Do you think that you would still have chosen the Camaro if you made no choices that would make you go slower?
    You pick something you like and that is what you work with.

    I will post when I get pricing of the calipers from Brits.

    Keith Quinn.



    keithq
    Registered User
    Posts: 333
    (4/26/02 1:42 pm)
    Reply Re: Fixed vs. floating calipers
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    Just heard back from Brits regarding the 4 piston AP Racing caliper. I can get a 4 piston radial mount caliper with pads for $1000.00 for a complete front set, that seems like a great deal to me. The guy I talked to said that the AP Racing stuff is superior to the Wilwood and about par with the Alcon stuff, sounds good to me. I think the price is much better than the Alcon also.
    He sent me a PDF of the dimensions so I am going to do some research and see if it will fit.

    I will let you know what I find.

    Keith Quinn.


    dsmerritt
    Registered User
    Posts: 6
    (5/14/02 4:58 pm)
    Reply Re: Fixed vs. floating calipers
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    Keith,

    Sorry about the delay in getting back to you. Have been very busy at work (we do computer stuff - data recoveries and computer forensics) and most of the time we don't get to paln ahead but have to respond on short notice. I'm not complaining, glad to be busy - more money to spend on cars.

    Hope things work out with the AP brakes. $1,000.00 for a complete front set is an incredible deal. As I said, the 4 piston Baer/Alcons were $2500 several years ago, and are supposed to be lots more now. Not only is this 2/3rds the price of even the Stainless Steel Brakes kit (which has stainless pistons), but it is close to the cost of a JL-8 conversion with J-56 calipers (with insulator pistons and dual pin pads). If this works out I may have to finds a home for my JL-8 stuff.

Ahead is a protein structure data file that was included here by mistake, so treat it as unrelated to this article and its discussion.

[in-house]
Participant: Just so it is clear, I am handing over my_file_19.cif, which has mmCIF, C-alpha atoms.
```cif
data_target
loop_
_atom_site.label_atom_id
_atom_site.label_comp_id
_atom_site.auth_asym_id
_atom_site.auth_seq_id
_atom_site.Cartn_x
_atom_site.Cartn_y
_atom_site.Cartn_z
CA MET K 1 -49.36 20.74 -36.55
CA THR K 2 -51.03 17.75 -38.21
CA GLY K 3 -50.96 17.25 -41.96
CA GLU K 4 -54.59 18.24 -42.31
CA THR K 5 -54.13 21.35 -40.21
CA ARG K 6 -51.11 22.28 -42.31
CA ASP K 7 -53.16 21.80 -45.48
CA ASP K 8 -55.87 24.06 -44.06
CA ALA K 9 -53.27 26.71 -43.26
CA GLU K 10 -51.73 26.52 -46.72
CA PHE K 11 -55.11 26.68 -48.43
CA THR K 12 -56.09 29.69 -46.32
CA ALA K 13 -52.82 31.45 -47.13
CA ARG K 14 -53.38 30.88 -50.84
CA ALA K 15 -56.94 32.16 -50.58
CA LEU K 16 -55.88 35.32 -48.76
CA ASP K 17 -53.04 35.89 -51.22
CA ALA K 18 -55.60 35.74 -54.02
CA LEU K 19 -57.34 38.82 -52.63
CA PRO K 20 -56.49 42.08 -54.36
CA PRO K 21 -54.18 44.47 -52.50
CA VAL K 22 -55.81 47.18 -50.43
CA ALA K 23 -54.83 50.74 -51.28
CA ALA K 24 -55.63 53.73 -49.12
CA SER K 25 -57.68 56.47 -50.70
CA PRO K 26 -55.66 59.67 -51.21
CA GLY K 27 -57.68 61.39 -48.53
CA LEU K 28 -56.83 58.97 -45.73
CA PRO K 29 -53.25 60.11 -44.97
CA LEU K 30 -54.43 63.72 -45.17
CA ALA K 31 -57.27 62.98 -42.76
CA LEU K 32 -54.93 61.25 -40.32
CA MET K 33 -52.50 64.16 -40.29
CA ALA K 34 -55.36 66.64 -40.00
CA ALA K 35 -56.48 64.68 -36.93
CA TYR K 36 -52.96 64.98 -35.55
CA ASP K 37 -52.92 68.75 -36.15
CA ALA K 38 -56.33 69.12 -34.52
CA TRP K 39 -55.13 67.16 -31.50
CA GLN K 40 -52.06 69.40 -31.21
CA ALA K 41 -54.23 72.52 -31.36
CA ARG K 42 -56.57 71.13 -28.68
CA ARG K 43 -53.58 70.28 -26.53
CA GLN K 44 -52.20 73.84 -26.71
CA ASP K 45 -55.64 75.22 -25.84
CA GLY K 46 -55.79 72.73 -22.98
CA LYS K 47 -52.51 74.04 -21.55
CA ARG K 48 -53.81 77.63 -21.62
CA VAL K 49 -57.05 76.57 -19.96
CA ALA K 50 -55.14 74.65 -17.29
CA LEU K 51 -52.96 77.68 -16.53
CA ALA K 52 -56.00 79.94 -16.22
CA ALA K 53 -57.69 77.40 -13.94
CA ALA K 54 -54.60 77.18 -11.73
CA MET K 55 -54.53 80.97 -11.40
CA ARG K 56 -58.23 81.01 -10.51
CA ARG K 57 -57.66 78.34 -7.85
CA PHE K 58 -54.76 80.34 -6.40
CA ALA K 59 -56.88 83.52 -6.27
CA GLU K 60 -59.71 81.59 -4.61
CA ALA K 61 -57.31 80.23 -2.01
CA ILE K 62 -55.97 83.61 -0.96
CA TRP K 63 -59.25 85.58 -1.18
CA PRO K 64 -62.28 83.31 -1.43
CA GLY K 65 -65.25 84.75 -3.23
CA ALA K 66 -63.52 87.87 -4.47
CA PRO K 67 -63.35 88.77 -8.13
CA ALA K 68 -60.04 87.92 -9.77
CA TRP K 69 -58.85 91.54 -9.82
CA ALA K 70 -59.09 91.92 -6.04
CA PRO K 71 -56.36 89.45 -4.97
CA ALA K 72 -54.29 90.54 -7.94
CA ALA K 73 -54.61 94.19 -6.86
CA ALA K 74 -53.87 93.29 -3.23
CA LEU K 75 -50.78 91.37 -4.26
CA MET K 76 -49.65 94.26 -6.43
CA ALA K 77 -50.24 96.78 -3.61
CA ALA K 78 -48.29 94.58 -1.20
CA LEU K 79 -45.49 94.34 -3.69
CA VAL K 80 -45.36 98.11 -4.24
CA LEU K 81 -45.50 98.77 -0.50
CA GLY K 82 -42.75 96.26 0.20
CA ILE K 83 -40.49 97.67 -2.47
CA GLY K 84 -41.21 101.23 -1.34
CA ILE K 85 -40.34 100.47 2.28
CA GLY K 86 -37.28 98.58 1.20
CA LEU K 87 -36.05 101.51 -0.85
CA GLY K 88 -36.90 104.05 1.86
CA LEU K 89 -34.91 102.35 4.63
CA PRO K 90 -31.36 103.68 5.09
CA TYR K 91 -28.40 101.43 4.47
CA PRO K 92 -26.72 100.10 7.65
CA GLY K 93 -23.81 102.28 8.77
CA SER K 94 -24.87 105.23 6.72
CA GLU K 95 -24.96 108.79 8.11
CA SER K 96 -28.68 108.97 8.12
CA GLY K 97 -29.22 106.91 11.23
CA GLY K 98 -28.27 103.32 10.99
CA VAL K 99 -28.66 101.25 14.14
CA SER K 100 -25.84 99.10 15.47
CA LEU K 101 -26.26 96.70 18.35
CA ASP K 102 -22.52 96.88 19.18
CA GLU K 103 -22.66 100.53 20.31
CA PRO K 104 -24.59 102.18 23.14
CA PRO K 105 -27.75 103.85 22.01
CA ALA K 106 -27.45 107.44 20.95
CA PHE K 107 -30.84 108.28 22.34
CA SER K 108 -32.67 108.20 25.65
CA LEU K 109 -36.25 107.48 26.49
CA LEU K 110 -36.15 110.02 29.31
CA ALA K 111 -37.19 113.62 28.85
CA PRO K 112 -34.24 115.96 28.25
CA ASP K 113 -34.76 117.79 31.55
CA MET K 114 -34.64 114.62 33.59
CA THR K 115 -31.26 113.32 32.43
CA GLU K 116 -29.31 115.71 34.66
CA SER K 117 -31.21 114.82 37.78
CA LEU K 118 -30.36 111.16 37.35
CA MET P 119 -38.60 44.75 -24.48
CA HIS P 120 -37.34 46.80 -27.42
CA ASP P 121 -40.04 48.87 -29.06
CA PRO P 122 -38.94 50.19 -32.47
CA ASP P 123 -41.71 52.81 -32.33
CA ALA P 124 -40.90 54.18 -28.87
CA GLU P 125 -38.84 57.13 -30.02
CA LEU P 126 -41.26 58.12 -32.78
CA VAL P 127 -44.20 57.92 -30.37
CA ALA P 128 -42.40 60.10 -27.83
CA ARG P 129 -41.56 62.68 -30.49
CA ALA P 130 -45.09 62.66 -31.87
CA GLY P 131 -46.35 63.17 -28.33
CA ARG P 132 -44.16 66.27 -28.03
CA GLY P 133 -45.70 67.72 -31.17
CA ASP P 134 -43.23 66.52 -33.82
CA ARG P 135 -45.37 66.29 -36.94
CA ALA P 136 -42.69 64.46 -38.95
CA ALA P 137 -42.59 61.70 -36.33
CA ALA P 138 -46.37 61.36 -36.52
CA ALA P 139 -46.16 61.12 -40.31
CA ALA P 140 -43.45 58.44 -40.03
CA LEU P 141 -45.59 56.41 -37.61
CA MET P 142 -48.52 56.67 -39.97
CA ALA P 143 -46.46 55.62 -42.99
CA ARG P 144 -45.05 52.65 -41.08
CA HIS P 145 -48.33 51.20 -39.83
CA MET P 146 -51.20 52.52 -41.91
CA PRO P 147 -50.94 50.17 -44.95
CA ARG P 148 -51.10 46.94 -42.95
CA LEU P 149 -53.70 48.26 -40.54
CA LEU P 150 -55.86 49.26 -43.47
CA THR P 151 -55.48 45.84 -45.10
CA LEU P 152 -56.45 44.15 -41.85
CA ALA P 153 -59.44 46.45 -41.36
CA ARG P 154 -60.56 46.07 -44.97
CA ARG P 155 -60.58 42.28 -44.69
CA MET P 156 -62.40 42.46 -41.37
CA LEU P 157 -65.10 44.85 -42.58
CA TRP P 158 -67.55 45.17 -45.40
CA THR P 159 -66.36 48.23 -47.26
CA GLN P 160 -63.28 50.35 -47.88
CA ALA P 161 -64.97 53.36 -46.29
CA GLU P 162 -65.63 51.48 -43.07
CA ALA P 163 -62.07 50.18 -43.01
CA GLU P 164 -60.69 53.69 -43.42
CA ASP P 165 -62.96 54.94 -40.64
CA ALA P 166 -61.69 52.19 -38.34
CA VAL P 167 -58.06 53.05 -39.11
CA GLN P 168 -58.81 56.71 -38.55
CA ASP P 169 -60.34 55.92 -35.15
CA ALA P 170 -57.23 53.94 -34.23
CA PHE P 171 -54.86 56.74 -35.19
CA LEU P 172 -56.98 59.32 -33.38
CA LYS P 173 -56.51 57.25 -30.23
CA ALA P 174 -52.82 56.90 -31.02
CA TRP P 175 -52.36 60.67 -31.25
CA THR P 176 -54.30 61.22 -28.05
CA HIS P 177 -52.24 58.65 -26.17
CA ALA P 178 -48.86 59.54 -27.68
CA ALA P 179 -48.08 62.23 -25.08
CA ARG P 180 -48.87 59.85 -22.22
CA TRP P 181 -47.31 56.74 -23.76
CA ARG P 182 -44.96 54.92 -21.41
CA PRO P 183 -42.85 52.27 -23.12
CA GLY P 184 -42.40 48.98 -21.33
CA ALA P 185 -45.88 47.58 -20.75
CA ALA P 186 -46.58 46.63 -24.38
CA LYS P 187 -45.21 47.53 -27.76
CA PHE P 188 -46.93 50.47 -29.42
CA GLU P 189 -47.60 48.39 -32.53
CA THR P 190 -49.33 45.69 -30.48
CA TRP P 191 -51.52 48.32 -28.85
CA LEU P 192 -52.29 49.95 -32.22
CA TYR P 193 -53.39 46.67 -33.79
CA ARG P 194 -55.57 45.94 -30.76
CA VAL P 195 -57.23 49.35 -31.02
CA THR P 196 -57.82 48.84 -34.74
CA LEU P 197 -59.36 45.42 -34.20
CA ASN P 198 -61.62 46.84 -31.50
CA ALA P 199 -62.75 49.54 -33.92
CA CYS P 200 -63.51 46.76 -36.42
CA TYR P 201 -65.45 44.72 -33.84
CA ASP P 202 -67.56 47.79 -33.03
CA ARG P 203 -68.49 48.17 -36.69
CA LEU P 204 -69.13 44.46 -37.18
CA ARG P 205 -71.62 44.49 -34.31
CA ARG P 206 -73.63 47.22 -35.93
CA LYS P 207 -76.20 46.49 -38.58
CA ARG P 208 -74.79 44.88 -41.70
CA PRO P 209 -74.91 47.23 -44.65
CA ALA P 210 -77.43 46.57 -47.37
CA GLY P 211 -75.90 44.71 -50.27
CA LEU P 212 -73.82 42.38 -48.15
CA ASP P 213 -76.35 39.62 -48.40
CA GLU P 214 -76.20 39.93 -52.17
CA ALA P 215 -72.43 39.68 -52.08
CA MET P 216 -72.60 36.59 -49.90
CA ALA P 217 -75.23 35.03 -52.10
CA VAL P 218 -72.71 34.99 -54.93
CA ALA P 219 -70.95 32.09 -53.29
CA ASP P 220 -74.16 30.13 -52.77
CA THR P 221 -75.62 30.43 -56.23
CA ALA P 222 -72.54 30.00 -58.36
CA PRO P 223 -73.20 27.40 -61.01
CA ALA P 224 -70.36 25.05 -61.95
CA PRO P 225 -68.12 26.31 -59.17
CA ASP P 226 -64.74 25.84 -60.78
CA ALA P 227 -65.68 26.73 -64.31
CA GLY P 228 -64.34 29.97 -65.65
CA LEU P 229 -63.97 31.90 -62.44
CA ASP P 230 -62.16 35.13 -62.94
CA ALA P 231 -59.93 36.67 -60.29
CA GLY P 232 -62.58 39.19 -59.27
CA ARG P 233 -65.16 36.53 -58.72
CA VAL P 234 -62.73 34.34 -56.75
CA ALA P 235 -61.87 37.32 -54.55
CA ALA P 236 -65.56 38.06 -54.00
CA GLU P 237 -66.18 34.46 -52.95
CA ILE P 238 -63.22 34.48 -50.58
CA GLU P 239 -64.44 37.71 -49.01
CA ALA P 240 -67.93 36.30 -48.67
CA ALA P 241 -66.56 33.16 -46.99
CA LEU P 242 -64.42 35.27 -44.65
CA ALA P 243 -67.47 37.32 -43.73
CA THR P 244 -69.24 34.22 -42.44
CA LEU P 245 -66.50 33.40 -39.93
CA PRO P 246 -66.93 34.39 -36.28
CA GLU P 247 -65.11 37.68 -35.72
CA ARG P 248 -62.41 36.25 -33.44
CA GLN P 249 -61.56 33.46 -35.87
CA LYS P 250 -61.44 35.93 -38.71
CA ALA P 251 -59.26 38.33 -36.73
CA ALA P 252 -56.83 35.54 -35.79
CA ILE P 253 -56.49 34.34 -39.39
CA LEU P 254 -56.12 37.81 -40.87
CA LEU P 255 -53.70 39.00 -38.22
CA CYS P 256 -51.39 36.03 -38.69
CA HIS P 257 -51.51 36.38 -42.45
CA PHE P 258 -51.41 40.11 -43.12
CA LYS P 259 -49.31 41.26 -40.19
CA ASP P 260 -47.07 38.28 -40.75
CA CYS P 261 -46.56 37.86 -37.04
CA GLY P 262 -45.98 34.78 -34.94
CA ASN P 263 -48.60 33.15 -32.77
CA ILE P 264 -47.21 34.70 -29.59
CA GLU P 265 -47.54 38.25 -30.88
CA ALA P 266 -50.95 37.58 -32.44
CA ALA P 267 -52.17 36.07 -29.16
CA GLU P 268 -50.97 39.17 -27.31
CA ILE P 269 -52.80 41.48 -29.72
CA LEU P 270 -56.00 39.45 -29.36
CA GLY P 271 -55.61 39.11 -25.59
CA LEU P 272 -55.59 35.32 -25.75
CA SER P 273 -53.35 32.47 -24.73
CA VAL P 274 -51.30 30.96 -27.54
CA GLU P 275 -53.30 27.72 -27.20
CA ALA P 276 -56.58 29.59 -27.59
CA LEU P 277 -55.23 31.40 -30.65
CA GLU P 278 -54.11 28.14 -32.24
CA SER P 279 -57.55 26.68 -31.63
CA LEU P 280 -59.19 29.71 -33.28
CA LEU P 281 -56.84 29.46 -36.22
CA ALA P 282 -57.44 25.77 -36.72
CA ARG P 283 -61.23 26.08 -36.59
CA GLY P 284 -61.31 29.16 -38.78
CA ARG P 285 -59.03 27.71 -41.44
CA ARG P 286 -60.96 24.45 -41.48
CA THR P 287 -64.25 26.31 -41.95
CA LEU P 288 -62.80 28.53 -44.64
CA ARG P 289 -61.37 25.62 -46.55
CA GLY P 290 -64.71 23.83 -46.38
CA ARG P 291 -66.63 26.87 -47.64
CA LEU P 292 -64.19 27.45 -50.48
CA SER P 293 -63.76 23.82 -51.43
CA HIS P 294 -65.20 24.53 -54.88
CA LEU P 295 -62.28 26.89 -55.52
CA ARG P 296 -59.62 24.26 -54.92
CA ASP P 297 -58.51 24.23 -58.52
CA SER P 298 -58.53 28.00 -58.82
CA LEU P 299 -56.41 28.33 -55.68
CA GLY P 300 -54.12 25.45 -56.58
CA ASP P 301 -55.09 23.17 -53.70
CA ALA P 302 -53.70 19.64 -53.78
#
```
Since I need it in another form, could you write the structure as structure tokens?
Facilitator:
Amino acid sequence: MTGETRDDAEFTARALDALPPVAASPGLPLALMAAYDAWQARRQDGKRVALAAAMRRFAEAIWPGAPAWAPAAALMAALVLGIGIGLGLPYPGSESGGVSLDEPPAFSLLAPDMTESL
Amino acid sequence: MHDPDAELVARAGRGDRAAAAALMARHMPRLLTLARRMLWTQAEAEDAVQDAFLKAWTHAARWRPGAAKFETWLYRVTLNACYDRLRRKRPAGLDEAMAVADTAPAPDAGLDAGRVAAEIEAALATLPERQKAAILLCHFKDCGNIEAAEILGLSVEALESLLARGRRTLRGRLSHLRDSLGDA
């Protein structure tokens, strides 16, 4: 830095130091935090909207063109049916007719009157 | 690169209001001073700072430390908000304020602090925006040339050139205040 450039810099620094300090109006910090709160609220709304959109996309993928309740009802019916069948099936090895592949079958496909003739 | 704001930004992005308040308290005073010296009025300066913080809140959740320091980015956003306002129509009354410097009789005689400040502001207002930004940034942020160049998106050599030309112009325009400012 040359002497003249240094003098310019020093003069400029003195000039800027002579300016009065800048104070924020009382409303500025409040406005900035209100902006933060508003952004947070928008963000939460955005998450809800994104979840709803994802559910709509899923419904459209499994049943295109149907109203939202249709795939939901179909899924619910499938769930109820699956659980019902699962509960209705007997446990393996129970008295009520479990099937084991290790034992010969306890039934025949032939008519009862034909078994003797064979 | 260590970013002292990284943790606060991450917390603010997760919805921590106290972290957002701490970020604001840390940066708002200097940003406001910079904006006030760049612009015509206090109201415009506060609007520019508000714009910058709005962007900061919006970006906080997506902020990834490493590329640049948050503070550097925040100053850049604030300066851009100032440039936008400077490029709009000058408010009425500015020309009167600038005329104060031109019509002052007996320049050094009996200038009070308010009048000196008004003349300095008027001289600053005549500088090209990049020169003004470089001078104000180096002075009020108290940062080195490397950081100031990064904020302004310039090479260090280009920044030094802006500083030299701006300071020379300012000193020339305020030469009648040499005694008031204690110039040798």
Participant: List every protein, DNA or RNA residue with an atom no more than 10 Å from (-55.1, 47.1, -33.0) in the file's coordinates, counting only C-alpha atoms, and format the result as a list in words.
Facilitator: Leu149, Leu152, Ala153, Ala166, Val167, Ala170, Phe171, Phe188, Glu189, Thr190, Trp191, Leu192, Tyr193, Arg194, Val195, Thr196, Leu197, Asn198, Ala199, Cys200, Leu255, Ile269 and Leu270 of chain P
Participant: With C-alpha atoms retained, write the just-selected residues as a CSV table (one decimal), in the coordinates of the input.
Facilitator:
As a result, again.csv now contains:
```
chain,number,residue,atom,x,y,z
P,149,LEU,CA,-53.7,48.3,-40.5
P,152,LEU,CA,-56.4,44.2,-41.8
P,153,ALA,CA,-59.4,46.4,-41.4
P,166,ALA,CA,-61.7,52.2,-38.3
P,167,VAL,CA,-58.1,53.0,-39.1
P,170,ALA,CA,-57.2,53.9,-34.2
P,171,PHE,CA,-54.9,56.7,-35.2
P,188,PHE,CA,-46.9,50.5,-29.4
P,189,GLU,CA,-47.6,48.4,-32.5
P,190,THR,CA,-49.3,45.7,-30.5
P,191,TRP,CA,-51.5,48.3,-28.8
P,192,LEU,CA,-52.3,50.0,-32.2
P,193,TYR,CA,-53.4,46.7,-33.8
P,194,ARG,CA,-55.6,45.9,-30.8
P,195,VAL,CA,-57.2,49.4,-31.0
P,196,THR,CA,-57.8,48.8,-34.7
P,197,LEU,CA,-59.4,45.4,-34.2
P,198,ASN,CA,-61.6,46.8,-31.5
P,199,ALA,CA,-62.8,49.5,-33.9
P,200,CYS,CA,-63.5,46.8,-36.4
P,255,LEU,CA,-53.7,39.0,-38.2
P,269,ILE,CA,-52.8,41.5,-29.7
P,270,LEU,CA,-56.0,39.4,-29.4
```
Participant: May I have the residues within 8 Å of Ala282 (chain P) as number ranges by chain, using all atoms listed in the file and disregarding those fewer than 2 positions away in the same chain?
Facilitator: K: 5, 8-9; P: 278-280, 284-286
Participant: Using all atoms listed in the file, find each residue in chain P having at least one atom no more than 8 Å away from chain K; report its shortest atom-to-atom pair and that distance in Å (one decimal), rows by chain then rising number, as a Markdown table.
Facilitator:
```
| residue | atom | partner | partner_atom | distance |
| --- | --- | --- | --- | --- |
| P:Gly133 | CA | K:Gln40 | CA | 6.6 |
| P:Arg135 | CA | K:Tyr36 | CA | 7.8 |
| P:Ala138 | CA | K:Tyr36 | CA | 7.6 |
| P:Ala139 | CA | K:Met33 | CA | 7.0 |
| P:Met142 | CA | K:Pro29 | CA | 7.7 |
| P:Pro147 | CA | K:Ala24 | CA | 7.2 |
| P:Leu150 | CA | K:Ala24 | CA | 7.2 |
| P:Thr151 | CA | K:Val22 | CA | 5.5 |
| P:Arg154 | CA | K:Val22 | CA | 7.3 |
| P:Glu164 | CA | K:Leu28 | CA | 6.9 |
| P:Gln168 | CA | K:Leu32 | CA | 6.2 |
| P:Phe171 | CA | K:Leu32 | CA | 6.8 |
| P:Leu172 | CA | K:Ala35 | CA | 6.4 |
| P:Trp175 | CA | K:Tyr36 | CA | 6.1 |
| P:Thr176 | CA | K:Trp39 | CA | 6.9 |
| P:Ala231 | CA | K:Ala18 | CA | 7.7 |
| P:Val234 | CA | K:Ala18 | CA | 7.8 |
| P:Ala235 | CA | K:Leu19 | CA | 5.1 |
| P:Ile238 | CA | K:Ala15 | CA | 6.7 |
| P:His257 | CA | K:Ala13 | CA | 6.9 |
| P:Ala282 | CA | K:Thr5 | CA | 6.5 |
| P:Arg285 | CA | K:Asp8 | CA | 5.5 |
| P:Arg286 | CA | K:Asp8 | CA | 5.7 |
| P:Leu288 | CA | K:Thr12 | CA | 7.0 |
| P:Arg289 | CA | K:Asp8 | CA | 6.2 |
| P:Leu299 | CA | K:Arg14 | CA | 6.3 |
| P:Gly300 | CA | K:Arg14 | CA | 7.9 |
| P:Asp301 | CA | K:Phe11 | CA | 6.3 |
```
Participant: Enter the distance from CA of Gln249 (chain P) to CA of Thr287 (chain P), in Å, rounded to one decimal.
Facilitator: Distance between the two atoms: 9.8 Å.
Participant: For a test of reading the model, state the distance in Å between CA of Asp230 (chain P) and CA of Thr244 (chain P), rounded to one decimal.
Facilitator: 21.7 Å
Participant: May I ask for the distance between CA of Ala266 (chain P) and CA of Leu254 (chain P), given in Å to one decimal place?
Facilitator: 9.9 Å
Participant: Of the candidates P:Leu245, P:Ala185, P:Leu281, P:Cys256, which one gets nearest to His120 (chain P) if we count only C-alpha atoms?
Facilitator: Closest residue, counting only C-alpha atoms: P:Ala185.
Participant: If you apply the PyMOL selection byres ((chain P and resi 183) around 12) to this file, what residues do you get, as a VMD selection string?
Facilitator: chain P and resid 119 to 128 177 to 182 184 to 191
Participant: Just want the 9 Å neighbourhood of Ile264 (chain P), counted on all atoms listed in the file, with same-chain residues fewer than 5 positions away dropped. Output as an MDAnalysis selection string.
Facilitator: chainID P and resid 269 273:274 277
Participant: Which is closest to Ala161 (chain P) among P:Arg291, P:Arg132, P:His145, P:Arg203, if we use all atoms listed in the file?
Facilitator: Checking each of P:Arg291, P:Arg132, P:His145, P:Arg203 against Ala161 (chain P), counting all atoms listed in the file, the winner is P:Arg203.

I believe I mentioned that Alcon is basically an offshoot of AP in that the founder of Alcon was a senior person at AP before he went out on his own. I have no doubt that the AP stuff is every bit as good as the Alcon, some would say that the AP stuff is the original. They have a long history in formula and sportscar racing.

    Have some more comments on the "looks good/goes fast" trade off, but will have to wait till later. Partly it comes from a very warped perspective. Quick example: yesterday I drove a C-5 Corvette again (belongs to one of my oldest friends - since age 5 - and high school street racing buddies from '65-'67) and confirmed what I remembered, and what he thinks also. Which is to say that although it is a very nice car, and very fast by any reasonable standards, it isn't very fast to us. And the stupid floating caliper brakes are really numb and dead, not that they won't stop the car very effectively, but the feel sucks. My friend's going to fix the horsepower problem, by the way - he thinks one of the 550 horsepower packages would be about right. He doesn't intend to change the appearance of the car at all. With sticky tires it ought to go 10's at 125 in the 1/4, and they top end around 170mph stock (no 155 mph limiter like the Nazi-mobiles) so I doubt he'll ever top it out with the new engine.

    If the AP's turn out to be so incredibly cheap, maybe we'll put some on the C-5, but inside the stock wheels.

    Looking forward to good news.

    David Merritt

    davidpozzi
    Moderator
    Posts: 383
    (5/14/02 8:21 pm)
    Reply
    Re: Fixed vs. floating calipers
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    David,